Getting Ready for Next Tax Season
“Everyone needs to understand that our collaborative efforts won’t end with the actions we’re taking to get ready for the upcoming filing season,” Koskinen pointed out. “The IRS and its partners will continue to work together to address longer-term issues facing the tax community and taxpayers in the efforts to combat stolen identity refund fraud. We want to ensure that we make lasting changes. These changes are being built into the DNA of the entire tax system.”
Koskinen said the IRS is now dealing with a much more sophisticated enemy than in the past. “It’s clear that criminals have been able to gather increasing amounts of personal data as the result of ongoing data breaches at various sources outside the tax system,” he said. “That means protecting taxpayers is a bigger challenge than ever before. While we have stopped many individuals from participating in these crimes, we find that the type of criminal we are dealing with has changed. This problem has become something more than just random individuals stealing personal information, with each one filing a few dozen or maybe a few hundred false tax returns at a time. We are dealing more and more with organized crime syndicates here and around the world.”
He pointed to the data breach that occurred in the IRS’s Get Transcript application. “Nothing illustrates this point better than the recent unauthorized attempts to access taxpayer information through our Get Transcript application, which we discovered last month,” he said. “There, the criminals had already accumulated significant, stolen information about taxpayers from other sources which allowed them, in some cases, to access previous individual tax return information.”
Koskinen also asked Congress to provide more funding for the IRS, although House Republicans released a budget Wednesday that would once again cut the agency's budget.
“In the battle against refund fraud, we observed another thing as the Security Summit groups worked,” said Koskinen. “This partnership can make immediate progress, but the IRS, the industry and the states cannot solve this problem alone. We need help. Congress has an important role to play. Adequate funding to the IRS is critical. But just as importantly, Congress can help in the fight against refund fraud and identity theft by passing several legislative proposals we’ve already made. One of the most important of these would accelerate the due dates of third-party information returns, such as W-2s. This would allow us to match these documents against income tax returns earlier in the tax filing process—and help us more quickly spot errors and potential fraud.”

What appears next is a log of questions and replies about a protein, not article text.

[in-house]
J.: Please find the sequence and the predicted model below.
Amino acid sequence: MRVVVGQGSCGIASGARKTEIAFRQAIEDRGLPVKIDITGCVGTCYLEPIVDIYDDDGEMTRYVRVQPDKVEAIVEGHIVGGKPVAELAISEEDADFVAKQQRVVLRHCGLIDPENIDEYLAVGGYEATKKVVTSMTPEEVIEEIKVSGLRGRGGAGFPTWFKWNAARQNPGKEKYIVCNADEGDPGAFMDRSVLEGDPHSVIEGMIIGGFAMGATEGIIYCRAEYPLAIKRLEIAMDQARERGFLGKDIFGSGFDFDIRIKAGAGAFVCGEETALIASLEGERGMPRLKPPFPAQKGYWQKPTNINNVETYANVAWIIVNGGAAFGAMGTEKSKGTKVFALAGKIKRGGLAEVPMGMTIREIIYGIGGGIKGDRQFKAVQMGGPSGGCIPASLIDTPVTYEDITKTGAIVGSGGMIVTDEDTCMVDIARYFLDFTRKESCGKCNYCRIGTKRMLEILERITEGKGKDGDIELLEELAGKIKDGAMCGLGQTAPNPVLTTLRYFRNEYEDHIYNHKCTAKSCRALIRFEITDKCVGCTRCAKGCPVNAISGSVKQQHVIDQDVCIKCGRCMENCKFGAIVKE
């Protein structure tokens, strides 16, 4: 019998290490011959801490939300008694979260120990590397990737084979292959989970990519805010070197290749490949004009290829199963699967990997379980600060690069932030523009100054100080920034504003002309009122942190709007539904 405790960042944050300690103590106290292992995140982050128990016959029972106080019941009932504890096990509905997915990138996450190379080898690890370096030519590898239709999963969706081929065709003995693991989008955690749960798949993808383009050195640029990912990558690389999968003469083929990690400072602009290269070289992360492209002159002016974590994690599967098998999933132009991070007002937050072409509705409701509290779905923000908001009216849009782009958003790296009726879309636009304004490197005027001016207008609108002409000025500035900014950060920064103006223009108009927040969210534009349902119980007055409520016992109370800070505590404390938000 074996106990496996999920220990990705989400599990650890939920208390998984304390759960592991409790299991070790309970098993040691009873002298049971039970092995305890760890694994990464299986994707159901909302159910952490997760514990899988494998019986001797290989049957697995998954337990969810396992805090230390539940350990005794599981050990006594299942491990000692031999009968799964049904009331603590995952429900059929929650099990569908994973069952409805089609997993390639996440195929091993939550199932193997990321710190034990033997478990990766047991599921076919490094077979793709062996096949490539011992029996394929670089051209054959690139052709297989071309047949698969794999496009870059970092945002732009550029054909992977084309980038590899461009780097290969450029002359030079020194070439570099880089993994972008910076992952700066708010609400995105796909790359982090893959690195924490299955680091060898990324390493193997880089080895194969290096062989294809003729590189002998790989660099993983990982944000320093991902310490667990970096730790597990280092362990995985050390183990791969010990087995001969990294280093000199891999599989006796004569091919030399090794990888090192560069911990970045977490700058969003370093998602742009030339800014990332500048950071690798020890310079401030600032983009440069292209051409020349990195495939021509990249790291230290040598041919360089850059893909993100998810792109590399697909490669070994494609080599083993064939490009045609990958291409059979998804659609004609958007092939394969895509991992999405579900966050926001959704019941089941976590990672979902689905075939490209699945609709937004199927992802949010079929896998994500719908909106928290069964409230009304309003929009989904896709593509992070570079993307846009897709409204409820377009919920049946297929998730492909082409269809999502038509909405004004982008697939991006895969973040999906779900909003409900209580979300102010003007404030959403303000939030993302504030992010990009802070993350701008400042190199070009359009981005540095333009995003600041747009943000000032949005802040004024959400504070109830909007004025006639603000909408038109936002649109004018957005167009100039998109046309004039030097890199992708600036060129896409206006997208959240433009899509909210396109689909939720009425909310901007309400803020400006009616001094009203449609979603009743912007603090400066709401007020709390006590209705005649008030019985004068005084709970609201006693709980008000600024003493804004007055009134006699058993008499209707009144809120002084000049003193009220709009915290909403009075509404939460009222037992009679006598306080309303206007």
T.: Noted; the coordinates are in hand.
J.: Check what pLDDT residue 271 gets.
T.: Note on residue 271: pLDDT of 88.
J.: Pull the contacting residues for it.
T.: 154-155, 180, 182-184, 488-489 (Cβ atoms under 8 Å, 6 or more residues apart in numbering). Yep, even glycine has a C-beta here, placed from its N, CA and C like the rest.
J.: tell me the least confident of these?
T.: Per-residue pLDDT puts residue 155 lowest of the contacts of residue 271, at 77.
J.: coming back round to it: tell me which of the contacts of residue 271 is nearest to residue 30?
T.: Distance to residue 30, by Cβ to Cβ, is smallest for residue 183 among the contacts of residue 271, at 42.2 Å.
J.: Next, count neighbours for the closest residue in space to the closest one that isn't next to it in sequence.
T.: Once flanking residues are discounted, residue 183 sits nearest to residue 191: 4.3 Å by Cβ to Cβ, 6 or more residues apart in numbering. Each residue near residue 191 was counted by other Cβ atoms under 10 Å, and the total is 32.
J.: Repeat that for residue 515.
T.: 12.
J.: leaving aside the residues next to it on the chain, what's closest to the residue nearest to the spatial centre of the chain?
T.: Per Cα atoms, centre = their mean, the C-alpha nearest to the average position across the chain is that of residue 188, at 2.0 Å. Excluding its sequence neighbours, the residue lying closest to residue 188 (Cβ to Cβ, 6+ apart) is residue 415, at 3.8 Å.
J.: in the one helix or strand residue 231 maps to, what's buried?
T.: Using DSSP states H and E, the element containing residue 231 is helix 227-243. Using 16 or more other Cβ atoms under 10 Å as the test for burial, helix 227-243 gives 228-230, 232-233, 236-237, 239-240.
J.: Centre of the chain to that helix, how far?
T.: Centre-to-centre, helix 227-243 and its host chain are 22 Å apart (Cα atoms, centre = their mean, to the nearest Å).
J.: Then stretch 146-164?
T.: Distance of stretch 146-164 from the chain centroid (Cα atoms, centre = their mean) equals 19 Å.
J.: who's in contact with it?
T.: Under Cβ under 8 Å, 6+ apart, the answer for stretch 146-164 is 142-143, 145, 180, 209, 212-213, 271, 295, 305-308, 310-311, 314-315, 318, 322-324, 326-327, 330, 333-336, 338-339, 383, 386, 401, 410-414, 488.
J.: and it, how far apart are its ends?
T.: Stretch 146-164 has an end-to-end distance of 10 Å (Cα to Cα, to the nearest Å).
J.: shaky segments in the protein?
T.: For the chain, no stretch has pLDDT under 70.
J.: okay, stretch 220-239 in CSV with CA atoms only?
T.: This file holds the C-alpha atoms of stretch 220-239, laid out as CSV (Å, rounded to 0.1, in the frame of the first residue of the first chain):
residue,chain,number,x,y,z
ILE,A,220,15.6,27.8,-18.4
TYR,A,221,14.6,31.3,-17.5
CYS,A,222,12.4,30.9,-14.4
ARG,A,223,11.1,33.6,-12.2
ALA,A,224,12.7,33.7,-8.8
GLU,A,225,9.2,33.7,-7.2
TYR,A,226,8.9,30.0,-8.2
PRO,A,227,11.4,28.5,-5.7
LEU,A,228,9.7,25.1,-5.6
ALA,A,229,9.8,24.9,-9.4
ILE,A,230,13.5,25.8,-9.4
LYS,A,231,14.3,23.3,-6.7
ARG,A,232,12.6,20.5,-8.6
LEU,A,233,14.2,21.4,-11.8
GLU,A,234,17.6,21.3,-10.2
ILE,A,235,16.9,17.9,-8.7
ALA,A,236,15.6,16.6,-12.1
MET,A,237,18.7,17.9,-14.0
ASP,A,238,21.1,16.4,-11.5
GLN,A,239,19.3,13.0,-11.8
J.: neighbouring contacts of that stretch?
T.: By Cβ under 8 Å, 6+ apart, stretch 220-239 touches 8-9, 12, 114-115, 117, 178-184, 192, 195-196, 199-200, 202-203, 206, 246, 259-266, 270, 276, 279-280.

The leaders of the Senate’s main tax committee, Senate Finance Committee chairman Orrin Hatch, R-Utah, and ranking member Ron Wyden, D-Ore., welcomed the IRS announcement. “Over the past five years, we’ve seen a significant uptick in tax refund fraud. Fake returns have put victims’ identities at risk and every taxpayer suffers as their hard-earned dollars fall by the wayside and into the hands of fraudsters,” they said in a joint statement Thursday. “This must stop. The steps announced by the IRS today are a move in the right direction. However, the devil’s in the details, and we will be carefully monitoring how the new agreements are carried out to ensure taxpayers are being adequately protected and whether additional legislation is needed to protect taxpayers.”